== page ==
Showing: Béla Tarr  
Family Nest

Béla Tarr’s debut feature—undertaken when the director was a twenty-two-year-old student at Balázs Béla Studio—is a raw, unflinching social drama that exposes Hungary’s broken domestic culture as well as the Communist regime’s byzantine policies.

Béla Tarr 1979

The Man from London

Adapted from Belgian mystery master Georges Simenon’s 1934 novel and codirected by Tarr’s wife, Ágnes Hranitzky, The Man from London centers on everyman railway operator Maloin (Miroslav Krobot), whose observation tower affords him a godlike view of the dockside terminus.

Béla Tarr and Ágnes Hranitzky Hungary, 2007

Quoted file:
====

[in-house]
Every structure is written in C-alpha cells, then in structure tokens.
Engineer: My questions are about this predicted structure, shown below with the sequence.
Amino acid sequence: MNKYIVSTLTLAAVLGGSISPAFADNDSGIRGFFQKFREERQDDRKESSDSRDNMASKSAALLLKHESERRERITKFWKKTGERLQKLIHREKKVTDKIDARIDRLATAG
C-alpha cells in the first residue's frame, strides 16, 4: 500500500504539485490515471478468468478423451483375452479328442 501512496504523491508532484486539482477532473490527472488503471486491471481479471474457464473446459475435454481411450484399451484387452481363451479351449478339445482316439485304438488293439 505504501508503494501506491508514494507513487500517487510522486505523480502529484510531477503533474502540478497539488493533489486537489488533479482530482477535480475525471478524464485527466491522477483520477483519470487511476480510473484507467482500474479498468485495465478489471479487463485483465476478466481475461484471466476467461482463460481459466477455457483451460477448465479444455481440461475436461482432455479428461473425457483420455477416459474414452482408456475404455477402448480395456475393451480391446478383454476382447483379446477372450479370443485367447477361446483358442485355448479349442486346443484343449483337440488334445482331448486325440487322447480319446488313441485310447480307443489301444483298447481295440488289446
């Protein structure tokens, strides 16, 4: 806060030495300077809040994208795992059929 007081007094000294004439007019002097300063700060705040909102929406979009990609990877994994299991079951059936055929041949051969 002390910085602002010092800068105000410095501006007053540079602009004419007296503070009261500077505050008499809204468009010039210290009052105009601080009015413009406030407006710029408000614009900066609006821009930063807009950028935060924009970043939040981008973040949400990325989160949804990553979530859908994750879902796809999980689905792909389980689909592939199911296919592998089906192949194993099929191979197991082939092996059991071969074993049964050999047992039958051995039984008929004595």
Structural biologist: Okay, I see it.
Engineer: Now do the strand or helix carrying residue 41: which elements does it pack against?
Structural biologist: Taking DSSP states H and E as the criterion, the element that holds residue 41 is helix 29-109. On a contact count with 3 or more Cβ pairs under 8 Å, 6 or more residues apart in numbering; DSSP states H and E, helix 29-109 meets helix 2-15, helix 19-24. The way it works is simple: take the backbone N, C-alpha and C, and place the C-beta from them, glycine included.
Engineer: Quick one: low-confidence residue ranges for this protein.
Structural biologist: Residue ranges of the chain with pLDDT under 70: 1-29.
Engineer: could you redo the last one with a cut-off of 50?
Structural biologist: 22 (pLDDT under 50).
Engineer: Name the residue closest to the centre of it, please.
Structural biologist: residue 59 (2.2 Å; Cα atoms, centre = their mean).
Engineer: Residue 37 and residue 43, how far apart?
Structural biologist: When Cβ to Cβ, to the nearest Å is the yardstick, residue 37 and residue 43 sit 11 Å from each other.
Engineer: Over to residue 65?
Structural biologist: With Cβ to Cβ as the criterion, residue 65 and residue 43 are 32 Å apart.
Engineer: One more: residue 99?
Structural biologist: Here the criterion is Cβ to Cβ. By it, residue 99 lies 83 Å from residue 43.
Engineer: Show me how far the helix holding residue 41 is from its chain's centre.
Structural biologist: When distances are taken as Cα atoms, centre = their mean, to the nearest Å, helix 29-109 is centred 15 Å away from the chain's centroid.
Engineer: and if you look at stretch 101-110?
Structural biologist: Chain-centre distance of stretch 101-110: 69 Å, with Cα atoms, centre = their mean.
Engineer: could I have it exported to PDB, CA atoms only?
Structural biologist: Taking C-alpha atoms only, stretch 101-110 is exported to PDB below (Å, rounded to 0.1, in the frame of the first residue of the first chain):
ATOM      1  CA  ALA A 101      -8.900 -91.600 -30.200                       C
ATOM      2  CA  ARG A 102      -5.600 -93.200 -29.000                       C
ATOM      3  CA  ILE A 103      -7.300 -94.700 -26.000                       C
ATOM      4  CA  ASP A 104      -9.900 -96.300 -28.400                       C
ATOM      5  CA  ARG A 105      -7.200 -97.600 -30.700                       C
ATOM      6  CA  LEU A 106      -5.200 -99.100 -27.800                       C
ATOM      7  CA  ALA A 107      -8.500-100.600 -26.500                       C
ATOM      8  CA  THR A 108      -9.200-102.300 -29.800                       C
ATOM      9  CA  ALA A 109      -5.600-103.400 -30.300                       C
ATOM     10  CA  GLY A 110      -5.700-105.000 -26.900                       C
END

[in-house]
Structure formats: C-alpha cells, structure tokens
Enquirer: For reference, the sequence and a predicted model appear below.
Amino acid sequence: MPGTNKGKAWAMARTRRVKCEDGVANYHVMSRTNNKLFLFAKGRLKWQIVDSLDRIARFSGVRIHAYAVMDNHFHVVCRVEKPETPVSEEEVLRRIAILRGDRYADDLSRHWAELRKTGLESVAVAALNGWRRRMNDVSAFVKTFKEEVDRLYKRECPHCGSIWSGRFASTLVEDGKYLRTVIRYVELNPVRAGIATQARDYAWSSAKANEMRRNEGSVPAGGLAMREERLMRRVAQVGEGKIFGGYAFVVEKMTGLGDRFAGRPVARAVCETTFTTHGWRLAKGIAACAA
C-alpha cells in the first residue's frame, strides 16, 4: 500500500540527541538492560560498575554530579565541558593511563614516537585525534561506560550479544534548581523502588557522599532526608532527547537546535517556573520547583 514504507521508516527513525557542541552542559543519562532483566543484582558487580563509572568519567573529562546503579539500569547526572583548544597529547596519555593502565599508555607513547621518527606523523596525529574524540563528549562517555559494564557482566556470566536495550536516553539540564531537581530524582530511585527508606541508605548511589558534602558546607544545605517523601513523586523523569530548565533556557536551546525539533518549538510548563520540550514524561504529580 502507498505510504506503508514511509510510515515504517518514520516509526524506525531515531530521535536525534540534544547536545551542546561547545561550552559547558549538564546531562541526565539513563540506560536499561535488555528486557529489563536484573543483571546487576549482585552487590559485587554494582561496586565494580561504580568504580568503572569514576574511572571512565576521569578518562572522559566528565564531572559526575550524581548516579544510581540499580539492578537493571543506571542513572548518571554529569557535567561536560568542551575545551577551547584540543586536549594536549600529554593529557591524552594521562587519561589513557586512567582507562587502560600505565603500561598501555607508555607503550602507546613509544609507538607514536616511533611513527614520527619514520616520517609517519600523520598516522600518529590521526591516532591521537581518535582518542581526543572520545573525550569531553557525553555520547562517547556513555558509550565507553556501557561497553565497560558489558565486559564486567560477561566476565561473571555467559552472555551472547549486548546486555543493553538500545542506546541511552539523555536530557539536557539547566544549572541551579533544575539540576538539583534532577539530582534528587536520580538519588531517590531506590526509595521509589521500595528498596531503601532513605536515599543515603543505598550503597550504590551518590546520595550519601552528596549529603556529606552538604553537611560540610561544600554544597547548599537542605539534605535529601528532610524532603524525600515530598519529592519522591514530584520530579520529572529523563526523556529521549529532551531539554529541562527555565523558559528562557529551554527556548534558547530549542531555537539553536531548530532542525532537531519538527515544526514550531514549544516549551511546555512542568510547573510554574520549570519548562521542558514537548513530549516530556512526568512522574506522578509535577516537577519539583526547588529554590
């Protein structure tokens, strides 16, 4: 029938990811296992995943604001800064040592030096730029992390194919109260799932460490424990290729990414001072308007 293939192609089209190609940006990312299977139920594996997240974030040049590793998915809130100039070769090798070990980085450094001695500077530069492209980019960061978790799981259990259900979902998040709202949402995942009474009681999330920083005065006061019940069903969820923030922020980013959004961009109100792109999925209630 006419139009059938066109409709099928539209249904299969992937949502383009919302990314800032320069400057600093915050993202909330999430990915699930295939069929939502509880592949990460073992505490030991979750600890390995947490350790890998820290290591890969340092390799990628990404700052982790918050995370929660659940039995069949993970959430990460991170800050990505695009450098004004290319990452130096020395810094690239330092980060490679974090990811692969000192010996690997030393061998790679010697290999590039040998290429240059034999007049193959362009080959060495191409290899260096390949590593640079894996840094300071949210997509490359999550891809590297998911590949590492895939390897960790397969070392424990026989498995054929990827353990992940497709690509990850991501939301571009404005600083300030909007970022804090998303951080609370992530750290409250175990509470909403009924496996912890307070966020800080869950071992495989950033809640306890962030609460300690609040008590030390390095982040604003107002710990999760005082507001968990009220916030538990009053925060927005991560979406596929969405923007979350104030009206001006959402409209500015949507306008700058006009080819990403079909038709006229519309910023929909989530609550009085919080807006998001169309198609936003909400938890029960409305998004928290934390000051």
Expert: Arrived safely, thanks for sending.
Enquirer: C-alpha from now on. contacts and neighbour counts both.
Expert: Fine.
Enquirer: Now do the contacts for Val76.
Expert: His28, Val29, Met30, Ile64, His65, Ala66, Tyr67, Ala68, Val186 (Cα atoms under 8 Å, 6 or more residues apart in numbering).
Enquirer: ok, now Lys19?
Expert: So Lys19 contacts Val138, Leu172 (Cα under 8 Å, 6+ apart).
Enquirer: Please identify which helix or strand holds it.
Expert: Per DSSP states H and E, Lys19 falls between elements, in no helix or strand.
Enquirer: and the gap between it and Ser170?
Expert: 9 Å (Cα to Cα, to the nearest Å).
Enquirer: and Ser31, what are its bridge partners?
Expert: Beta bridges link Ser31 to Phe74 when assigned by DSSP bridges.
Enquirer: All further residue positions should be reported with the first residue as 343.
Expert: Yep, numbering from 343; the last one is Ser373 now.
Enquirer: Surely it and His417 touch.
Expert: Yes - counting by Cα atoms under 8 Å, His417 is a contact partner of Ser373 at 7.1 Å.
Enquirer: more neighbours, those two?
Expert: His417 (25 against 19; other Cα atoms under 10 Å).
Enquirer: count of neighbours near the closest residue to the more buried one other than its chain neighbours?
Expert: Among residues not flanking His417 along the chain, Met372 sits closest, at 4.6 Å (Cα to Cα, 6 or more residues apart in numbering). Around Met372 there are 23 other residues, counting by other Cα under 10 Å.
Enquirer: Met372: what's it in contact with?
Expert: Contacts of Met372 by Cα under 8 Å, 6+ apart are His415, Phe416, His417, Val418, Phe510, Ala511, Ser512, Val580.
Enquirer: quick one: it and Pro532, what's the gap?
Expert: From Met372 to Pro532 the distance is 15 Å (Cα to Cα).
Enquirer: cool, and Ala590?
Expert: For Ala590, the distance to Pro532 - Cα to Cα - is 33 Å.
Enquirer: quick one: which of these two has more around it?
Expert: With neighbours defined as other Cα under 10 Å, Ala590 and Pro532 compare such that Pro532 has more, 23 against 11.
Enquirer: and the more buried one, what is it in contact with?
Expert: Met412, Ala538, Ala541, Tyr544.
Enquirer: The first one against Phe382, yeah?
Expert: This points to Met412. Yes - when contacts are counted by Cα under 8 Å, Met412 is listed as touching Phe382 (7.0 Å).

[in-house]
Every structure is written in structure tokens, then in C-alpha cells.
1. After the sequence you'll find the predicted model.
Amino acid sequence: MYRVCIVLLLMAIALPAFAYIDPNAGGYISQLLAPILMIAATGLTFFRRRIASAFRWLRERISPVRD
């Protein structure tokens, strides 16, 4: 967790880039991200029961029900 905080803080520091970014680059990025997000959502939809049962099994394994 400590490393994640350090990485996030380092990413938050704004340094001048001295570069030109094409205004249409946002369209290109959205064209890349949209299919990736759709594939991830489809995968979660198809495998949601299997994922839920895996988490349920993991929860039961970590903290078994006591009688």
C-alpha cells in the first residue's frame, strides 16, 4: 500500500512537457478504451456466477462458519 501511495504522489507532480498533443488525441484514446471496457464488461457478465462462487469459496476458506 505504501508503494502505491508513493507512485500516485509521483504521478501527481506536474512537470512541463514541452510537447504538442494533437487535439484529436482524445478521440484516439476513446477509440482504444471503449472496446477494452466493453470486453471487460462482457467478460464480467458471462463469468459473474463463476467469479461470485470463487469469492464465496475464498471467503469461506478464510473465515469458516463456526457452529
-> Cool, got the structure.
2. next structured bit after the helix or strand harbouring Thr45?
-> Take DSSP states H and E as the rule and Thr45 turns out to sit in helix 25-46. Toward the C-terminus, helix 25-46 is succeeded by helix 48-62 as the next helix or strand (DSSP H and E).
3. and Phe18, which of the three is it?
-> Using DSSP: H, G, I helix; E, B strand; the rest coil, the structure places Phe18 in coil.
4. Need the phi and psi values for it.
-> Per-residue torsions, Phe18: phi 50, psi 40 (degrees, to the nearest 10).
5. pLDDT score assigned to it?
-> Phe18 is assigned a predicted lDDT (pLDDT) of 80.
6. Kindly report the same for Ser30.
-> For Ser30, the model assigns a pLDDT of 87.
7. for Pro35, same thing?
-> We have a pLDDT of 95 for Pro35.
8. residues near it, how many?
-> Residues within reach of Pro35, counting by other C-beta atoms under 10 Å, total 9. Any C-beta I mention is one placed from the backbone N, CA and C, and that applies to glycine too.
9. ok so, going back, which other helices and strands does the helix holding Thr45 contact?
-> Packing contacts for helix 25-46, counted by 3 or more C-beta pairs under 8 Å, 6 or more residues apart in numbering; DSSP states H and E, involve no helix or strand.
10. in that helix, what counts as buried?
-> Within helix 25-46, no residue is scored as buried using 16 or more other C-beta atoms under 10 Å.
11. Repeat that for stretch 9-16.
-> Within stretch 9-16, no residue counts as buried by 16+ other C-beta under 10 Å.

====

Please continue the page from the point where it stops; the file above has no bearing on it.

35 mm

The Outsider

Expanding The Family Nest’s investigations of domestic dysfunction and despair, The Outsider marks Béla Tarr’s maturation as a chronicler of the manifold ways that social pressure deforms individual aspirations.

Béla Tarr Hungary, 1981

Werckmeister Harmonies

One of the major achievements of twenty-first-century cinema thus far, Béla Tarr’s mesmeric parable of societal collapse is an enigma of transcendent visual, philosophical, and mystical resonance.